Union slams bizarre behaviour of Fair Work Building Commission

Published: 15 Jun 2016

The CFMEU has labelled the latest instalment of the Fair Work Building Commission’s (FWBC) crusade against workers as bizarre, in the wake of a warning to workers on the Ichthys project in the Northern Territory that they could be sacked if they wore union stickers on their hard hats.

CFMEU Construction National Secretary Dave Noonan said that there was no law preventing workers from wearing union stickers.

“To have your livelihood threatened because you choose to wear a sticker on your hardhat is another appalling example of the behavior of the FWBC. 

“The company, Laing O’Rourke, claim that they have made these threats at the instigation of the FWBC, but when challenged to produce the audit requiring the removal of stickers, they have refused. 

“The FWBC has refused to tell the workers or the union whether they have threatened to blacklist the company from Federal Government projects if the stickers are not removed, or the workers sacked.”

“The union hopes that the FWBC is not trying to engineer a dispute as part of the Coalition’s election campaign. It should be remembered that the Government’s wish to expand this agency’s powers by reconstituting it as the ABCC was the trigger for this election,” he said.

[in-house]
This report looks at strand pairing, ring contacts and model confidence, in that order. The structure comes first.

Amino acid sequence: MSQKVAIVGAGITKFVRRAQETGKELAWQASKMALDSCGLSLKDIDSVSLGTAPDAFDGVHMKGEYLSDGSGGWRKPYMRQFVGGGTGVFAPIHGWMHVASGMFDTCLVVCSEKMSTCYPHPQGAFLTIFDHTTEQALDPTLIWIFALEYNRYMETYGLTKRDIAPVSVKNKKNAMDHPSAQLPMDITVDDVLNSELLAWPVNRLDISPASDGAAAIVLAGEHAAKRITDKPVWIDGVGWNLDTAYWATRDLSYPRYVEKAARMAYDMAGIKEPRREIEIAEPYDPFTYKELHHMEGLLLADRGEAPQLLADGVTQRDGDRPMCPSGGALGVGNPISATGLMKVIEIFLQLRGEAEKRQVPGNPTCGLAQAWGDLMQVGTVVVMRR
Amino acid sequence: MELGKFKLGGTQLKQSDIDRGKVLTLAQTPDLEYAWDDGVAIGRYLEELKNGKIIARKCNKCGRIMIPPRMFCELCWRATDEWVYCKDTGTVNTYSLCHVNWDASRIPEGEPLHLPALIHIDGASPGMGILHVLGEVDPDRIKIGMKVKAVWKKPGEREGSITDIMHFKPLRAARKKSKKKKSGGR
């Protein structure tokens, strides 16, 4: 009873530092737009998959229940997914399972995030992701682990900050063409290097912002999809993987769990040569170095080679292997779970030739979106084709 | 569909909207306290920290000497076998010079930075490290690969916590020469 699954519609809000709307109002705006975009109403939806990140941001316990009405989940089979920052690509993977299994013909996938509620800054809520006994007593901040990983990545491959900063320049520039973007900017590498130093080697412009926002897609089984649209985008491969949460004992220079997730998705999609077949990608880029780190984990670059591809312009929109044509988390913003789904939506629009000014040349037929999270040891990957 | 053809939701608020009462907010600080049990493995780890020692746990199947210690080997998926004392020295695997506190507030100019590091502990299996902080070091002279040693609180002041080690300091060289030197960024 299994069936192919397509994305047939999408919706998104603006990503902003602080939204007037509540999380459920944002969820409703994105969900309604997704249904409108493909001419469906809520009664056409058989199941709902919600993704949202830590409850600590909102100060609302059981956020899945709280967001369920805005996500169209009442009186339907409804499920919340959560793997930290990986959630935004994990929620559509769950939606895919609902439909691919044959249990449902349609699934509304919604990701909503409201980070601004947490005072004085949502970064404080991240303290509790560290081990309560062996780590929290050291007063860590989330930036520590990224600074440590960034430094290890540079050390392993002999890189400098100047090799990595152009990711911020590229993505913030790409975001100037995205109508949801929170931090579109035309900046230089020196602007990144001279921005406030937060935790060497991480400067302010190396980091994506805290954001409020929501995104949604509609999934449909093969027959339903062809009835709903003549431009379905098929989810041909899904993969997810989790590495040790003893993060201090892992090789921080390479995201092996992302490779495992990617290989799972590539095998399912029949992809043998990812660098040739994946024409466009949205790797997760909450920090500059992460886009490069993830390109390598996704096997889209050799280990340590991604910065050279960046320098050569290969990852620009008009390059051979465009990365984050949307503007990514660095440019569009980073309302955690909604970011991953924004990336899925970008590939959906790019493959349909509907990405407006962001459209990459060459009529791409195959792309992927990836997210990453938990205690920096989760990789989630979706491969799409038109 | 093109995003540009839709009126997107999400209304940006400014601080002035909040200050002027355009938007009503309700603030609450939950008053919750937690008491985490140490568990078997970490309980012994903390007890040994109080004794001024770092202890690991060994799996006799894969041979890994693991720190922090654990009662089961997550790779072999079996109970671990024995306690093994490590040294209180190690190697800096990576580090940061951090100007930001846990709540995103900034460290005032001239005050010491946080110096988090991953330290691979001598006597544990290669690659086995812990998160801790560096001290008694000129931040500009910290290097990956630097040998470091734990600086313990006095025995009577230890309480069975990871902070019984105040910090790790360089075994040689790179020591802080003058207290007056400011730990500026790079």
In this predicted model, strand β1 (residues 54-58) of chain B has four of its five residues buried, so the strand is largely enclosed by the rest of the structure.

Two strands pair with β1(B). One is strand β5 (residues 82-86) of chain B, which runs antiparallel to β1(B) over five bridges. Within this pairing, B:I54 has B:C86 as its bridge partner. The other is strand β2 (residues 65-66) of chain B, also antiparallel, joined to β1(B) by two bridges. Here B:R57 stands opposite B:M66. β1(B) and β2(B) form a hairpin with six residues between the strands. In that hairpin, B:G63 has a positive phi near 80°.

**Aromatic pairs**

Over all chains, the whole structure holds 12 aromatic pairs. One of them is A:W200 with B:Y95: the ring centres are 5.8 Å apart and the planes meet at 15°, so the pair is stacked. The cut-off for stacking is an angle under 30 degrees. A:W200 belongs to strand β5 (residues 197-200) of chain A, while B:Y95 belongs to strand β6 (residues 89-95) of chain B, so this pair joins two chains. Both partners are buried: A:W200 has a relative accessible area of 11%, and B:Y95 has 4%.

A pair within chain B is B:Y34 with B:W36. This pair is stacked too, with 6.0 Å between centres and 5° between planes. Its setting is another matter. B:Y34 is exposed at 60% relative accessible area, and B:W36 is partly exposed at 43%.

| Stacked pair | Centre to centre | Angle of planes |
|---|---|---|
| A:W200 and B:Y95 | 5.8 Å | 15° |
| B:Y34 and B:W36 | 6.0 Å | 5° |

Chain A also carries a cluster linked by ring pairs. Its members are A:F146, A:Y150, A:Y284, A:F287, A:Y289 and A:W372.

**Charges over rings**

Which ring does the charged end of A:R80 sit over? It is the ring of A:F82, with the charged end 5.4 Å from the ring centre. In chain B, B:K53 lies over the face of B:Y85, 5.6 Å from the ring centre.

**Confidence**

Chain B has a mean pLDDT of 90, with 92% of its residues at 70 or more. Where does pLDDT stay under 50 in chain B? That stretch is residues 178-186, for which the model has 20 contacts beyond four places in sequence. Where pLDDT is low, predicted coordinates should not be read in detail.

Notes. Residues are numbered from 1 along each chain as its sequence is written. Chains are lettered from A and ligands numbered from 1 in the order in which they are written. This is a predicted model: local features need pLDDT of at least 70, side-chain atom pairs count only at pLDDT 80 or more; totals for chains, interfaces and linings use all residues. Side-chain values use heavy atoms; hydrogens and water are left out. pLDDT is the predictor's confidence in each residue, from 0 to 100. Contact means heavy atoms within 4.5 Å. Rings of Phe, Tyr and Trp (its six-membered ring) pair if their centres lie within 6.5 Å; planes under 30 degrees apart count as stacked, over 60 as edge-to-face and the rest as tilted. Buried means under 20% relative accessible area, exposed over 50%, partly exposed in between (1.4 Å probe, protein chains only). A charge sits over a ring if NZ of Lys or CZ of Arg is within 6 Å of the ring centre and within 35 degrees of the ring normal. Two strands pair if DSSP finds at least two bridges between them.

“A threat by the FWBC to withdraw Laing O’Rourke’s ability to tender for federally funded projects would be very serious, particularly for a company which is currently up for sale. Loss of potential Government work would undoubtedly impact on the company’s value to potential purchasers.”

The written warning by Laing O’Rourke project director, Ian Baker was issued to a worker after failing to comply with a direction to remove union paraphernalia from his personal protective equipment. 

The warning followed an audit of the project by the FWBC to assess compliance with the building code, where breaches were allegedly found due to the wearing of stickers.

"This is nothing other than an attack on workers’ freedom of association and freedom of speech," said Mr Noonan.